By Juan Pena, CPA, CGMA, director in the Audit Department and Risk Advisory Practice at MBAF
Anyone who has been through a buy-sell transaction knows that part of the process for taking over a newly purchased store involves transitioning the Dealership Management System (DMS) to the new owner on the day the buy-sell deal closes. Most owners choose to continue using the same DMS system already in place at the acquired stores rather than switching the new stores to the system in use by the already established stores. This usually makes sense, since the employees are used to the existing system and switching to a new system requires training and a proper implementation period. However, once the store(s) are operational, there are significant benefits to standardizing the DMS systems, taking that opportunity to standardize your accounts and reports, and even to centralize certain processes into a single “back-office” location.
Using the Same DMS and Chart of Accounts Across Stores Makes it Easier to Analyze Results
If your dealership group is using different DMS systems, the accounting processes at each store will be slightly different. If your new stores are in close proximity to the existing stores, you will want it to be easy for workers to explore employment opportunities between stores. This will be much easier to do if all the stores are on the same platform.
To maximize the benefit of having the same DMS, all your stores must be speaking the same accounting language. This means having the same chart of accounts at each store so that revenue and expenses are recorded in the same accounts at all stores, according to one of your preferred manufacturer’s chart of accounts and mapped to each manufacturer’s statement formats. Having the same chart of accounts will make it easier to analyze performance across your stores.
Determine if Certain Tasks Can be Centralized
Once you have more than a couple of rooftops, it becomes more advantageous to centralize certain back-office functions, not only so that you can reduce duplicate headcount but also so you can have a more reliable back-office function.
As an example of a back-office function that can normally be easily centralized, think about vendor payments. If you were to have an accounts payable (“AP”) department for all of your stores that works out of one location for your entire group, this would mean that you would be able to have an AP Supervisor leading a team of AP clerks who can be cross-trained and thus be able to enter invoices for any of the stores.
You probably won’t need as many AP clerks, but careful consideration needs to be given to the volume of work processed for each store. Other factors such as the distance between stores is also a consideration, but with current technology and some planning, most hurdles can be easily overcome. For example, for on-demand checks, a daily courier between stores can be established so that signed checks can be delivered. For most vendors, payments can be done by wire or ACH with no need for checks. This means that the AP supervisor can initiate the wire or ACH and the general manager for the store can be one of the approvers of the transaction, even if they are in different locations.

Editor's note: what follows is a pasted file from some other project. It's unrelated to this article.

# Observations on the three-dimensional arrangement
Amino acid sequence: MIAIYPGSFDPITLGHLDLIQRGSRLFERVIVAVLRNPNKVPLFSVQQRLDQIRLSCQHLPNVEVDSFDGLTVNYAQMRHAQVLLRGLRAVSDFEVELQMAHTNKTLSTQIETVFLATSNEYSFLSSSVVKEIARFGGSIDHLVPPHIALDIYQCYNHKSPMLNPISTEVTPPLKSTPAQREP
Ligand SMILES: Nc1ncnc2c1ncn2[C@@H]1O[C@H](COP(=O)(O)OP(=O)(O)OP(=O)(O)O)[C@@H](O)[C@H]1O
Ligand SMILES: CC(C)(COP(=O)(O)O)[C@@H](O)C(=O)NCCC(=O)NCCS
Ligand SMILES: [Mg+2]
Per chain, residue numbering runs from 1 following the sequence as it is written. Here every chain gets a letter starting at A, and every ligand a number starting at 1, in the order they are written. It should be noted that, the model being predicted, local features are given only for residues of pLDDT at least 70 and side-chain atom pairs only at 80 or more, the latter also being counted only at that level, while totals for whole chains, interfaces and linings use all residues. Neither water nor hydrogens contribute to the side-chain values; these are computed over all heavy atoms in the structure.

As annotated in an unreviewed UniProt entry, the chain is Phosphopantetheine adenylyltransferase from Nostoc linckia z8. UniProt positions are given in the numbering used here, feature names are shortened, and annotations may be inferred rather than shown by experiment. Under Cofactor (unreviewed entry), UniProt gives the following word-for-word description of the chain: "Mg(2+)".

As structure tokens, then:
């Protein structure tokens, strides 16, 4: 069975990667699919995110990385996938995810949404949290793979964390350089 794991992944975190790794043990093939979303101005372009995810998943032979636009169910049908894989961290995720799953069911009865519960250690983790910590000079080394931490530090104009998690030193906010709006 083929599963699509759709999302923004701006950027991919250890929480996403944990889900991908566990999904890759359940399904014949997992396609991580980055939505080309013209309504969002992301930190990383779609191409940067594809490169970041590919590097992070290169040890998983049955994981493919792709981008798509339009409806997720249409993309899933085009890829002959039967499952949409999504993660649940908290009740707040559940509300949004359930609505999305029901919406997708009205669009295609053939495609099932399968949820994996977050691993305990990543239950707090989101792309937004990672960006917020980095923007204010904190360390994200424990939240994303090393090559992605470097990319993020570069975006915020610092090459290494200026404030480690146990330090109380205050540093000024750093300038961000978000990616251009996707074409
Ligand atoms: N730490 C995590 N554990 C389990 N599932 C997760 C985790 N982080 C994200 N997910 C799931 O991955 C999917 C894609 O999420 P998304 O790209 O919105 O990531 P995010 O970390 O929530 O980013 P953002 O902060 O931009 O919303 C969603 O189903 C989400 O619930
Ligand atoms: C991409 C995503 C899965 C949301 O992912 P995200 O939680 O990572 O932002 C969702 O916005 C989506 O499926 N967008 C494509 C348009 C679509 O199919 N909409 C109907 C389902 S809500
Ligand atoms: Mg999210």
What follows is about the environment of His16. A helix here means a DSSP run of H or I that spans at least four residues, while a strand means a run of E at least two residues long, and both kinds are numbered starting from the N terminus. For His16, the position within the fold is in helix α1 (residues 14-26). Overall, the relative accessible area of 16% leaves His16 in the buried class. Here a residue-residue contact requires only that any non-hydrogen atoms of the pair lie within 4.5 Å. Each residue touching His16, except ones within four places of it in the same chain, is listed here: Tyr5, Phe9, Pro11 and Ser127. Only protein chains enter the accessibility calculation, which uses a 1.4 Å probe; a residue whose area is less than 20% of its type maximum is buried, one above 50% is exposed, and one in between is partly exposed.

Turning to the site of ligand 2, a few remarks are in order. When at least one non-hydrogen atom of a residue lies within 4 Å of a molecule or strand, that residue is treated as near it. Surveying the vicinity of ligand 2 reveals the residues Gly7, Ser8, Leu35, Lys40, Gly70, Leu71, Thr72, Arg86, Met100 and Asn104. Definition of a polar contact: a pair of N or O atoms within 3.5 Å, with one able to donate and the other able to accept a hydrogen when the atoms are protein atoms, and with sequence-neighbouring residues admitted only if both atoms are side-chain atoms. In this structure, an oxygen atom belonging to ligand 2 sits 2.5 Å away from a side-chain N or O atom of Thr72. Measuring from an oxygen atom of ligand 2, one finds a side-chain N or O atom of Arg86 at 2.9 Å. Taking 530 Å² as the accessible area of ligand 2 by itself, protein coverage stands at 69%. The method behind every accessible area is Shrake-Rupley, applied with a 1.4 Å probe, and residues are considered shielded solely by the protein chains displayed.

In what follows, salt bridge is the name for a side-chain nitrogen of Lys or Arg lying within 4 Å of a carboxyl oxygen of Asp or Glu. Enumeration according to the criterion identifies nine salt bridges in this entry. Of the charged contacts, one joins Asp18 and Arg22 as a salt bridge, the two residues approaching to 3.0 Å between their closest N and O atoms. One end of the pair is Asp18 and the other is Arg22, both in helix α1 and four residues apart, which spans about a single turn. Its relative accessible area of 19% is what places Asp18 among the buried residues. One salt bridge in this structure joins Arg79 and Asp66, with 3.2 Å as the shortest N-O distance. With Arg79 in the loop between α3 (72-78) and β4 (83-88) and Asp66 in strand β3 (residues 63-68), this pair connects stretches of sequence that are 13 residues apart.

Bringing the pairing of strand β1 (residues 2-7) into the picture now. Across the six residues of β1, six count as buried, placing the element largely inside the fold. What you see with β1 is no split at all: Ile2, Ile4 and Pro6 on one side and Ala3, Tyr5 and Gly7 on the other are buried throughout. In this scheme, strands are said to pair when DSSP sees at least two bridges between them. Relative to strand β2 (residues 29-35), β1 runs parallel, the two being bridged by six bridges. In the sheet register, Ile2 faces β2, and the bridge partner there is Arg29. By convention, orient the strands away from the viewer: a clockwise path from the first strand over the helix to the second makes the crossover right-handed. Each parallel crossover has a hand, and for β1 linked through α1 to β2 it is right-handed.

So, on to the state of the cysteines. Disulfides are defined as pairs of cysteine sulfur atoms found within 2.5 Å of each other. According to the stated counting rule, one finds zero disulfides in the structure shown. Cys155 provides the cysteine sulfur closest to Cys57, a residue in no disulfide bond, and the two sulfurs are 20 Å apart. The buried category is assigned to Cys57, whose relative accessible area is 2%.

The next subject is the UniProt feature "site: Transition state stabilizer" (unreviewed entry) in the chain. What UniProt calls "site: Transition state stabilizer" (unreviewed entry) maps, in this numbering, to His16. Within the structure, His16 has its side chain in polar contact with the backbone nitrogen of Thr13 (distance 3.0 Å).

After centralizing and identifying an accounts payable supervisor as a lead, you can make him or her the only one responsible for answering vendor inquiries, entering new vendors or modifying vendor names or addresses in the system, and/or reviewing the supporting invoices before checks are printed. The biggest added benefit is that you can set your system up so that the accounts payable supervisor can’t enter invoices, resolving a typical risk that exists at most dealerships, which is that the accounts payable clerk can also add vendors and print checks. By segregating these tasks, there is no temptation for a dishonest clerk to add a fictitious vendor for a company he or a friend controls and print himself or herself a check. Such a clerk is only a forged signature or two away from stealing cash from your store.
Reaping the Benefits of a single DMS Platform, Standardized Accounts and Centralized Functions
Once you have centralized key processes and the DMS system and the chart of accounts are speaking the same language, the next step is to take advantage of this and implement robust reporting that will help identify problem areas as well as speed up the close process. You will want to have standardized daily, weekly, and monthly receivable, inventory, cash, and other reports, to manage the dealerships. With standardized reports, you will be able to compare performance across stores and compare key metrics and expenses by category.
With a well-implemented centralization of key back-office processes, your accounting back-office operations becomes a key driver to your success by watching your back with solid controls, while also helping you become more profitable.
Juan C. Pena, CPA, CGMA, is a director in the Audit Department and Risk Advisory Practice at MBAF. His primary responsibilities include automobile dealership auditing and consulting, including operational efficiency and internal control consulting. He can be reached at firstname.lastname@example.org- 305-377-9203